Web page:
Sunday, July 13, 2008

Computing's meaning of life - AI

Video courtesy of the Internet archive and thanks to Bruce Damer. For more go to the Internet archive

Yesterday I was treated to one of the most enlightening lectures I have heard in a long while from Bruce Damer talking at the Computer Society, Covent Garden, whom posited a powerful argument, which is also at the heart of his Phd.

His multifarious sources include the work of Karl Sims a computer whizkid at the time in 1994 at MIT who conducted a unique experiment which would simulate Darwin's theory of evolution.

Sims created virtual blocks and a soup of code which the blocks used to 'evolve'. Their task was to first swim through virtual water and then walk on land.

At each moment of their cycle they would run through a matrix of code and create a new virtual being, which would adapt to its surroundings, eventually learning how to paddle successfully through water and then adapt to mobility on land.

If that was 1994, what might be capable now in 2008 is in part Bruce's line of thinking.

Could we from nothing see how a virtual world evolves?

Bruce's quest
Bruce's work in what he's termed the evo grid is of such computing magnificence as well as so deeply philosophically penetrating that you need to be at one of his lectures to capture its essence.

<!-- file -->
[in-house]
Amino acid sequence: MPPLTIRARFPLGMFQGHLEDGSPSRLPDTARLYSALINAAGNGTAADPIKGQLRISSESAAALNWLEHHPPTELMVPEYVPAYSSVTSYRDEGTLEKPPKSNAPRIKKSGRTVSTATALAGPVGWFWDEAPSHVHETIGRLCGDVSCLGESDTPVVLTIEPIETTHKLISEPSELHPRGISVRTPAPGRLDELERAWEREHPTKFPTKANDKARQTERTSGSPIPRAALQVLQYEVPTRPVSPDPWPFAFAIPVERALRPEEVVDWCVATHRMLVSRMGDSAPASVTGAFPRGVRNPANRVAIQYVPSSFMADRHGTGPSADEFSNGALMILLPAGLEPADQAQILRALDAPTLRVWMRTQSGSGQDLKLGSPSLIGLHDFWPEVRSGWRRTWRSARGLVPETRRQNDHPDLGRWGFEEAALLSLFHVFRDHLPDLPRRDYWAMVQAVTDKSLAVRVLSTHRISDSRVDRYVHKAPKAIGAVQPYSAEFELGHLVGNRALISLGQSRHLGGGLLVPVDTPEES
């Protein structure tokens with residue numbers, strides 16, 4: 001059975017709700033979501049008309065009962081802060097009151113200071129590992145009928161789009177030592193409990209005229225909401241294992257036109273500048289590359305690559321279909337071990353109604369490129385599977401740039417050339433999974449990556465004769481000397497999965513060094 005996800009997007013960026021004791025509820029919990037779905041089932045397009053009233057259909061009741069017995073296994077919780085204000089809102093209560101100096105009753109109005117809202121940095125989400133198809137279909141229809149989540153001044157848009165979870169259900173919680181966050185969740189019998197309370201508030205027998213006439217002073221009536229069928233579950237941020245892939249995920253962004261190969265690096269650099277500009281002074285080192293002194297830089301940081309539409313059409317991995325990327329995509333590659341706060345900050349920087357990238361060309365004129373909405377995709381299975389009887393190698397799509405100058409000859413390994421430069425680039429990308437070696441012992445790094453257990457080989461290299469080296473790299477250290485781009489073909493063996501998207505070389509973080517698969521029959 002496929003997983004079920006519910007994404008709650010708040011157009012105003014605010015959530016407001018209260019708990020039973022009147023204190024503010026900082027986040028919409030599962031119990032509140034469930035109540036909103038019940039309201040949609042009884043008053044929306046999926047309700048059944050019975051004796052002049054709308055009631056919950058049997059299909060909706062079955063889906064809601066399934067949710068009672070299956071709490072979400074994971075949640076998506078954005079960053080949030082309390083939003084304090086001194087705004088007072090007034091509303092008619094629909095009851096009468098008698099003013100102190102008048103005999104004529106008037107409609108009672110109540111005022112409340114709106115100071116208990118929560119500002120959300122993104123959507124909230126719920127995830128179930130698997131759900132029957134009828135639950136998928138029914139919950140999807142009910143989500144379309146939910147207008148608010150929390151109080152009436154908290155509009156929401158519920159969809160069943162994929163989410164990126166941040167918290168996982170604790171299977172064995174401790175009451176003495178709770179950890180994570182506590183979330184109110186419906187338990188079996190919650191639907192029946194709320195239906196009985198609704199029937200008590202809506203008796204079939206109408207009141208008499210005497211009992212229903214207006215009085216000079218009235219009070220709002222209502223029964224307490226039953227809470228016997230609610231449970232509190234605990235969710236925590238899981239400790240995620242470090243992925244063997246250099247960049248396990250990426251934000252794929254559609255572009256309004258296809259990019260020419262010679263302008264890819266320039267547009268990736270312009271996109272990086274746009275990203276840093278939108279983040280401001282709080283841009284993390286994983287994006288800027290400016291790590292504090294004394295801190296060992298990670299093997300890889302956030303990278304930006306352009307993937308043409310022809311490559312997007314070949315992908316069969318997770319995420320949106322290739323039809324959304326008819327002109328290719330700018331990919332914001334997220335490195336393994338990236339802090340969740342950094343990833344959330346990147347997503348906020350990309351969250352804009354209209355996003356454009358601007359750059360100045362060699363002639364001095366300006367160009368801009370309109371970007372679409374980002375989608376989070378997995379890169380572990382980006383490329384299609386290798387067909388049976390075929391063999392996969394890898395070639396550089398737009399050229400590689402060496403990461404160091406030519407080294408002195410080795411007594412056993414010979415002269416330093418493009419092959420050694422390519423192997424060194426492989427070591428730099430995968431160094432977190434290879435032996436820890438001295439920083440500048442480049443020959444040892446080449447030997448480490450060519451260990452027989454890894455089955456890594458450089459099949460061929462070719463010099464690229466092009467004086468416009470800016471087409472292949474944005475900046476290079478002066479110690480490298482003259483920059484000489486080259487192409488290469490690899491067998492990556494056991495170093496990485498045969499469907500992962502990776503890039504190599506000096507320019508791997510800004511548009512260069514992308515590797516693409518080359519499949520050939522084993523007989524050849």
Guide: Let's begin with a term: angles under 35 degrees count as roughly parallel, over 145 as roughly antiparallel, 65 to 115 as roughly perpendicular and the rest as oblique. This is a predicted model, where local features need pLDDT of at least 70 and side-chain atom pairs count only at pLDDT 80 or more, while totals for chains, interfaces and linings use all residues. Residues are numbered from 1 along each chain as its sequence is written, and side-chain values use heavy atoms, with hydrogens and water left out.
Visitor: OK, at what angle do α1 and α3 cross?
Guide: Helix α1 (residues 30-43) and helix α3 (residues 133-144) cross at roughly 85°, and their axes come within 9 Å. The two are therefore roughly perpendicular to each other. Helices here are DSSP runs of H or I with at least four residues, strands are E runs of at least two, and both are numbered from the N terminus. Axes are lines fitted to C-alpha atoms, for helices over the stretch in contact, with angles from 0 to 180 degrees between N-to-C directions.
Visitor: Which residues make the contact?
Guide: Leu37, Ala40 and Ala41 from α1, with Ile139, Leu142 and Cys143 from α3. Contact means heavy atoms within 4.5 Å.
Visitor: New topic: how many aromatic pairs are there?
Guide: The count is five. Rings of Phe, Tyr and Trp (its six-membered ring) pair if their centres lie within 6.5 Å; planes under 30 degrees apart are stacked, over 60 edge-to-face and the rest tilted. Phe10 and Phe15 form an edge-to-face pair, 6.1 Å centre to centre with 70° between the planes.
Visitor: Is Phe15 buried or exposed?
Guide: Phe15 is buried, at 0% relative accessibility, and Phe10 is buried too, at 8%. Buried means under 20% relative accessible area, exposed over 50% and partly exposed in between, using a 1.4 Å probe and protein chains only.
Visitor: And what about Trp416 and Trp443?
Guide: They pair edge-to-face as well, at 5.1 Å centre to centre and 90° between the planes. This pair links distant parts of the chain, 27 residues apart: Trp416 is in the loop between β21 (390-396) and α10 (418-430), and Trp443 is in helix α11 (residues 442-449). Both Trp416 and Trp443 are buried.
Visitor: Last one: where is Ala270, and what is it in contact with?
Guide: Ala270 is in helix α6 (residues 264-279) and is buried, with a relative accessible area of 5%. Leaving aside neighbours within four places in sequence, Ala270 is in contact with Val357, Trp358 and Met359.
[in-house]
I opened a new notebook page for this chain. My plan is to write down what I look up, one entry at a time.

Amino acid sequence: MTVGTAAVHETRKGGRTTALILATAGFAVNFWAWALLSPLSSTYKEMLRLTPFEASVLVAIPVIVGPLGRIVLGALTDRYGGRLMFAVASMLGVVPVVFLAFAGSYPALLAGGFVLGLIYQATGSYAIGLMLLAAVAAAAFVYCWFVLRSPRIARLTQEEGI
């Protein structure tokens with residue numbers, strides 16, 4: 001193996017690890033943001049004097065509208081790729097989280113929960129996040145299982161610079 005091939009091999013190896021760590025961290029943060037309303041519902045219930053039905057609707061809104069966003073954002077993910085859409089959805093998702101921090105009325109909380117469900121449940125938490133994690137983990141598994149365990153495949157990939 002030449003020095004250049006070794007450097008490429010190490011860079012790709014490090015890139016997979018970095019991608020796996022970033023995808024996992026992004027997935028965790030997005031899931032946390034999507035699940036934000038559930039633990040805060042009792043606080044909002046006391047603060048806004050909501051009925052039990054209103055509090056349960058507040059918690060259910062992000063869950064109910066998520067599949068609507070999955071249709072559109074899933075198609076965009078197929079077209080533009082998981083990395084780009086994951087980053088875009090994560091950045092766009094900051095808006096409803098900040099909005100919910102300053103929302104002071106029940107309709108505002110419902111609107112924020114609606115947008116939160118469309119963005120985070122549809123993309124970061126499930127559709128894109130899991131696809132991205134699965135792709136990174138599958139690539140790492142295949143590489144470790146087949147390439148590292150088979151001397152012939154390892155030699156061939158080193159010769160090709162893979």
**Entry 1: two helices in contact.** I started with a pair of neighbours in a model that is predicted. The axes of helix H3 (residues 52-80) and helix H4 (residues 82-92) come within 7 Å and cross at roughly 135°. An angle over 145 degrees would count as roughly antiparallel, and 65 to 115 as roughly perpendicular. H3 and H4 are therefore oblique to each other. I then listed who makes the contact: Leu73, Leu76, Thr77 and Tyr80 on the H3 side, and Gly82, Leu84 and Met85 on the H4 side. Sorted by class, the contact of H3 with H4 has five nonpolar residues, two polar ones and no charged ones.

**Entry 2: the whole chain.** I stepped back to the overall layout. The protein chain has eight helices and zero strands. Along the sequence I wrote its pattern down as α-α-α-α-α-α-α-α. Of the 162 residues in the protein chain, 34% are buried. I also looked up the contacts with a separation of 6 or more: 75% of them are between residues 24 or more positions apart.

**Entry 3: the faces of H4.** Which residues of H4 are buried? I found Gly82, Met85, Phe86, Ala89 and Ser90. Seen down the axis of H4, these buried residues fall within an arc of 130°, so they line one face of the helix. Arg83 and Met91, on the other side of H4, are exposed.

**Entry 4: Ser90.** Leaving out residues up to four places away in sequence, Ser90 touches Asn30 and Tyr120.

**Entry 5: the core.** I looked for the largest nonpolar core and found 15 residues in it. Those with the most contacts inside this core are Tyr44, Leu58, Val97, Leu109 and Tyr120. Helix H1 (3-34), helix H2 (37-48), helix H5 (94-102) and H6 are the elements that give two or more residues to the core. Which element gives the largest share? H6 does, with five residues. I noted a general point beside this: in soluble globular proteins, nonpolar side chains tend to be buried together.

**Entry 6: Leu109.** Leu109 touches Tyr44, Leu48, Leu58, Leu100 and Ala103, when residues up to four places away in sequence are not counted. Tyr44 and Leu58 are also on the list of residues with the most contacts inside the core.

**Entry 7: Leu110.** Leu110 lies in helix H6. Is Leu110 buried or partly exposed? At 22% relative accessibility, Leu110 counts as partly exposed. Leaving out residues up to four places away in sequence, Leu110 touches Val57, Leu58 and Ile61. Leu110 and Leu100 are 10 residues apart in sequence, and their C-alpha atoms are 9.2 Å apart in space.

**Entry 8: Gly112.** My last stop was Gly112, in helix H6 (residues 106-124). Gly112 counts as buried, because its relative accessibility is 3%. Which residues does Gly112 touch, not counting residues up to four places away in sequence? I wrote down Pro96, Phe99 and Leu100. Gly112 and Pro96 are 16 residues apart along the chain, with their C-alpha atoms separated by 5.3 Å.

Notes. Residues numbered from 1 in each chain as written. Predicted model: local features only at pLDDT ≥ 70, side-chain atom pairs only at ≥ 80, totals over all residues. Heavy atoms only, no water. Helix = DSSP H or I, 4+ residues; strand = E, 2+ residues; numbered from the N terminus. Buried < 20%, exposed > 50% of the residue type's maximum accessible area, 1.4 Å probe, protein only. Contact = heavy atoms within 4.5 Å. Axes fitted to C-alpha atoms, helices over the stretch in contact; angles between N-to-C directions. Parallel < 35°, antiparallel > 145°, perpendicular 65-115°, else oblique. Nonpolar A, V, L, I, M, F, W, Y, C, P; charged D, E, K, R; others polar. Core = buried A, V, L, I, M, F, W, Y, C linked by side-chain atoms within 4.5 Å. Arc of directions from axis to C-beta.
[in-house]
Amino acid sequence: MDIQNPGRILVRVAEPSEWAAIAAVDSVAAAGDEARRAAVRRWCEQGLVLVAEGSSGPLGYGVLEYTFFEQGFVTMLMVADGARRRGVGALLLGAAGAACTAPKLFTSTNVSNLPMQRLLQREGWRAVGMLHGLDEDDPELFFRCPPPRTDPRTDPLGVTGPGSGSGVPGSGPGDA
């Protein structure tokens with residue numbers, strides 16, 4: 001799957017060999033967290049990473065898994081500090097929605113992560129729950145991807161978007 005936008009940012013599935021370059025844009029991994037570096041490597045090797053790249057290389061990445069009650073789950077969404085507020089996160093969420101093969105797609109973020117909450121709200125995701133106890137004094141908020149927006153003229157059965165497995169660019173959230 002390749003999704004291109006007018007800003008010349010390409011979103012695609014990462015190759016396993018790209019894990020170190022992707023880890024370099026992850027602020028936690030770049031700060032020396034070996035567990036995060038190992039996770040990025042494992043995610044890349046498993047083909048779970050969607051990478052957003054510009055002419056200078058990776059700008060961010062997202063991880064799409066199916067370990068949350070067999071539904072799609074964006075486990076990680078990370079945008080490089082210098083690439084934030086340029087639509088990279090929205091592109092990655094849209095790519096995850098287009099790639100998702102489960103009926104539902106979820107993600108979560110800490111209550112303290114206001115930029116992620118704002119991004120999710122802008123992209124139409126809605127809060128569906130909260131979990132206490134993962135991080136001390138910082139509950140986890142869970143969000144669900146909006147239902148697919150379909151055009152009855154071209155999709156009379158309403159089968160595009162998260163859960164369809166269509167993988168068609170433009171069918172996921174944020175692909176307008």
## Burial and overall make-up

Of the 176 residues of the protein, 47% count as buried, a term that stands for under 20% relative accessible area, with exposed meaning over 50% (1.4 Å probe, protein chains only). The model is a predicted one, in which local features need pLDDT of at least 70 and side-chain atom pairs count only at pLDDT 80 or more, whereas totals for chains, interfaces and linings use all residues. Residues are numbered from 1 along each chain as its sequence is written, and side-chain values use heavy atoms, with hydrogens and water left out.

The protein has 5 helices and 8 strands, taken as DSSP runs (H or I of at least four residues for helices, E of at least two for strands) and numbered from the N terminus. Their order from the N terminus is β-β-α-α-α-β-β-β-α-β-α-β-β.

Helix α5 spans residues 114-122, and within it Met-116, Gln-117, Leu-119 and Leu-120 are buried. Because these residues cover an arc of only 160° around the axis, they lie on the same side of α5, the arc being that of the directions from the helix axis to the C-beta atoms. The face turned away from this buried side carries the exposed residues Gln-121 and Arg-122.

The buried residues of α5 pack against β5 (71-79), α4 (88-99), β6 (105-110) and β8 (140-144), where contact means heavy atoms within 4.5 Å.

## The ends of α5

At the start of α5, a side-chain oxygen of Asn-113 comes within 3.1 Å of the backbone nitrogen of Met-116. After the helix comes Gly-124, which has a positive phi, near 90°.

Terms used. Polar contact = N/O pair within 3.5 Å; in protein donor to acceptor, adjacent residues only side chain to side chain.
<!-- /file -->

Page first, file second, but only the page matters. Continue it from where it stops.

I did however VJ his seminar and will be dropping him some mail both to say thank you and how I might be able to develop a film of sorts.

His previous works have included developing AIs/landing capabilites for NASA, physically collecting and documenting for his digibarn collection every computer ever made, and genesis Avatar development from the 90s.

There are some brilliant developments from virtual reality and AI, that almost appear astonishingly unreal, such as printing live tissues, using a 3d printer from a virtual scan, according to Dr Rachel Armstrong.

As a footnote, a couple of us had our own eureka moments thinking our own PhDs could raise their game, and that's one of the fascinating things about the Smart Lab.

It's eclecticism is also one of its strengths, giving people like me access to hear someone like Bruce both in lectures and within the smart lab environment, that I can't think how else I might ever have come by that opportunity.

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